Networking: Wildcard Hostnames for DNS Group Definitions
being able to specify a 'root' domain name, or pattern, as a network definition, that could then be used in a traffic selector for bandwidth shaping, would help greatly. content delivery networks use hundreds of hostnames, but usually stick with one 'root', example: 'something.nflximg.com' or 'something.llnwd.net' by specifying something like "*.llnwd.net' as the source, we could then limit the traffic as desired.
Much like the "matching these URLs" option for exception rules for the HTTP proxy. Allow the skiplist on the advanced tab of the transparent HTTP proxy to also accept wild card (regular expression) URL's. This would be extremely helpful for large sites/services that use backend Content Delivery Networks (like Facebook, Apple iTunes Store, AOL, Akamai, etc.) that consist of hundreds if not thousands of sub-domains/IPs.
@Bob ten Berge - try asking a question about your issues with SSL scanning on http://www.astaro.org/
@Jeremy - I see what you mean. In the 'Transparent mode skip list', for example, allow adding a list of domains. For a given IP, if there's an rDNS entry, and it corresponds to a domain name in the list, then the IP is skipped.
Bob ten Berge commented
If it's impossible, then how come firewall vendors like Palo Alto can implement domain wildcards as the OP suggested?
In order to selectively allow access to certain websites, I can enter *.domain.com to make sure all existing subdomains and hostnames will be allowed.
This is just one useful feature when wildcards are possible.
I wanted to enable SSL scanning on my ASG, but because it produces so many problems, I just turned it off again.
If I could simply enter *.akamai.com, for example, it would be less of a problem, but the way ASG works is I have to enter FQDN's, single Ip addresses or whole subnets, which is a real drag.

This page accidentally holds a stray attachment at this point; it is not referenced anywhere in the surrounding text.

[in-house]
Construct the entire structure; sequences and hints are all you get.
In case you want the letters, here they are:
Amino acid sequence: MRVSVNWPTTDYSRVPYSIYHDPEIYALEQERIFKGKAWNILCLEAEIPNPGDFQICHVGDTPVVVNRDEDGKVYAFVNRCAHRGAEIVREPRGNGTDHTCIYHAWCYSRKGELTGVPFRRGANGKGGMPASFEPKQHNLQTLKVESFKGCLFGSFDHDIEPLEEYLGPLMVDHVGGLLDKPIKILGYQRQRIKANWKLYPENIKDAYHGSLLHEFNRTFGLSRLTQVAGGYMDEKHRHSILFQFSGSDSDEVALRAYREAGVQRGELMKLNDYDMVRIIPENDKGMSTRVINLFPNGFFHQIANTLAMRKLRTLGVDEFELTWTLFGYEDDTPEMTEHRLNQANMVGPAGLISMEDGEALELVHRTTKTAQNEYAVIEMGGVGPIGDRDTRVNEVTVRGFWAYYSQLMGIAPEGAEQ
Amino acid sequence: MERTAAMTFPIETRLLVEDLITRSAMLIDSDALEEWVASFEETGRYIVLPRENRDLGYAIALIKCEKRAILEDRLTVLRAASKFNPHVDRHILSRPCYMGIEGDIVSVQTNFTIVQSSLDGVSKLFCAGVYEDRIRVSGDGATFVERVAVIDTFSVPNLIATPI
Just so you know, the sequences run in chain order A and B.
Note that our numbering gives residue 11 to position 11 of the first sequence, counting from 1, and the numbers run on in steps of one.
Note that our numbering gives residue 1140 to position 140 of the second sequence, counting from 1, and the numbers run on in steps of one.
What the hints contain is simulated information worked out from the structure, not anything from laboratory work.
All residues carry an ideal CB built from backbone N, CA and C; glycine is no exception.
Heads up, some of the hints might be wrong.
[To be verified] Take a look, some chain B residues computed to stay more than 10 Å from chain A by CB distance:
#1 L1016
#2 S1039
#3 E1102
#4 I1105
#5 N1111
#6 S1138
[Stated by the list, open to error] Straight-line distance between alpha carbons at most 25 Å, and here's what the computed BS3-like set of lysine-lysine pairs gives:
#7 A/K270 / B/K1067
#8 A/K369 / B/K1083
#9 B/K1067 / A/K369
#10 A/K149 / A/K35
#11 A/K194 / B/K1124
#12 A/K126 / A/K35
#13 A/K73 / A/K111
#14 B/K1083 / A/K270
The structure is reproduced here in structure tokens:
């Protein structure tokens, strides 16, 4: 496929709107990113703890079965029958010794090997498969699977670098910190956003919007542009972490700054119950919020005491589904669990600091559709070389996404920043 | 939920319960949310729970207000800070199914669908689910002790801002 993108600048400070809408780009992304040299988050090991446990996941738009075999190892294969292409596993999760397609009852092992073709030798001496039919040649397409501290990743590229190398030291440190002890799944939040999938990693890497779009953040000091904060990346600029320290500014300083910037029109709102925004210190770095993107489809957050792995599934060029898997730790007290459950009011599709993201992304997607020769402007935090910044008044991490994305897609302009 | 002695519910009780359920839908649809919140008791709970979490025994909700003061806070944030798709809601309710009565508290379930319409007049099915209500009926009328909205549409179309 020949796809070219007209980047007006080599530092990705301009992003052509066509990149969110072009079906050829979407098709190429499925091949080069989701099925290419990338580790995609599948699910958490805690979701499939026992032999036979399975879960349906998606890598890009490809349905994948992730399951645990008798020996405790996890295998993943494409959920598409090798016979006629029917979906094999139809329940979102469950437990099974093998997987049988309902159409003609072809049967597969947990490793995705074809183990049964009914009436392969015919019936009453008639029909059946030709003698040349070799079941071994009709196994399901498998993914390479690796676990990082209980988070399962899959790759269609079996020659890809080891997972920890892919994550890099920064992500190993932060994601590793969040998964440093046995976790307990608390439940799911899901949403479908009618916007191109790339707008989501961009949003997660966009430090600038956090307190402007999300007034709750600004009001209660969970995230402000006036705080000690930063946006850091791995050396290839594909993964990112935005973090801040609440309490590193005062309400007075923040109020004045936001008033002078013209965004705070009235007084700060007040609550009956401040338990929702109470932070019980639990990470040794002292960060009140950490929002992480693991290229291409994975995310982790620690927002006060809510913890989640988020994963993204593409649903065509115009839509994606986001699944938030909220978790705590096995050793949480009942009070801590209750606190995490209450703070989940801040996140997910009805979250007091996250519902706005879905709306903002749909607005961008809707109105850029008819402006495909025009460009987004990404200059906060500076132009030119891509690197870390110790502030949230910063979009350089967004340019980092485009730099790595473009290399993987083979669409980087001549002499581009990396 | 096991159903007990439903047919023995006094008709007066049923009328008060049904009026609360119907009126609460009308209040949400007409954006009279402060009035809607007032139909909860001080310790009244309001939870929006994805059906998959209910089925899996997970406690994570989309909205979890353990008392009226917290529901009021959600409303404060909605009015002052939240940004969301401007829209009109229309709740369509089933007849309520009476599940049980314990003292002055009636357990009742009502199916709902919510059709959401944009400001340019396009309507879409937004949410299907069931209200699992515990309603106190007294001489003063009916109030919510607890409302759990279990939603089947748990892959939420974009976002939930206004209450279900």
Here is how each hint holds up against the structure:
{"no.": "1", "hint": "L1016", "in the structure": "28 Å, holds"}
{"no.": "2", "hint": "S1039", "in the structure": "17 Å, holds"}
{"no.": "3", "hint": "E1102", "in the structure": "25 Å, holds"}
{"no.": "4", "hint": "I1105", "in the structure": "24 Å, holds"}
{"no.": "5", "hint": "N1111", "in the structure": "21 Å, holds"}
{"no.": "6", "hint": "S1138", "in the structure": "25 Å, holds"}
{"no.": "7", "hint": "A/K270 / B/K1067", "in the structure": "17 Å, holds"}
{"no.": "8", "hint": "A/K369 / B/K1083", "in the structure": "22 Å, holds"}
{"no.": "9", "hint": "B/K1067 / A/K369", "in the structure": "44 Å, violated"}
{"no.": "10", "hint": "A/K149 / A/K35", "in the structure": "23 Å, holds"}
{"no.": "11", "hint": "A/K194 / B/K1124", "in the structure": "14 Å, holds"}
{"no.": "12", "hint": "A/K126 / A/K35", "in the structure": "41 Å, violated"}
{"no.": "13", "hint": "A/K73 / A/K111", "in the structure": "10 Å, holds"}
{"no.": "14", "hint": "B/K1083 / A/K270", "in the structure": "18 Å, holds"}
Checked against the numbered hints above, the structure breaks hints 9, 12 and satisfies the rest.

Bob ten Berge commented
I very much support such functionality, because right now it's a real pain to monitor traffic, pick up all those blocked IP's and add them to the skip list.
I made a Network Group for this specific purpose and instead of adding single IP's I actually started adding whole class A networks to make it easier.
But the problem here is that it will also allow potentially unwanted websites to bypass the filter.
I don't get why this functionality would be so hard to implement, almost all other major UTM vendors I know can already do this (thinking about Palo Alto, Checkpoint, Juniper, Cisco, Sonicwall).
If you want to compete with the big boys, you can't afford to lag behind.
If you resolve the complete hostname ahead of time in order to bypass, it should be easy enough:
You check the FQDN against the list of supplied domains that should bypass the transparent proxy and if a match is found, you resolve the hostname and flag the resulting IP address as being in the skiplist.
I'm sure it would be quite easy to match the hostname abc.def.123.akamai.net against a *.akamai.net skiplist entry.
Ramon Lustrati commented
This is a very important feature, that should be implemented in Astaro. The problem is, that a lot of services as, (antifvirussoftware, droppox, microsoft licensing, adobe etc etc) do use akamay servers.
Scott Klassen commented
@Jeremy: I can imagine somebody entering "*.com", which would cause the Astaro to begin querying for every .com in existence and then trying to resolve them all. Would be a great way to DoS yourself.
Not necessarily for DNS group definitions but possibly another category of definitions all together.
"DNS Domain" perhaps?
Reverse lookup ip addresses and check that domain name against the definition.
IE definition is *.google.com when 220.127.116.11 is requested reverse dns gives "google-public-dns-a.google.com" so it is a match.
Please implement all the way. Should be able to define *.com as well
DNS Group definitions depend on entires with more than one A-record. I'm not a DNS guru, Thomas, but I believe that this suggestion is impossible given the way DNS functions today.
Gert Hansen commented
Hi all, this is a bit problematic and not easy.
The transparent skiplist is based on ip adresses/networks that gets bypassed from the redirect to the proxy within the firewall. In this case, we have not yet looked in the HTTP header. What we now do is resolve complete hostnames already ahead of time and than use the resolved ip adresses to bypass.
We can not get a zone transfer for most domains where we could extract all hostnames for that domains and match them against the wildcard and find the relevant ip adresses that way.
In order to implement this, we would need to implement a new kernel module in the firewall to properly parse and handle the HTTP and HTTPS protocol to extract domain information from the Host header of the http request.
This is a lot of work and it is not that of requested yet.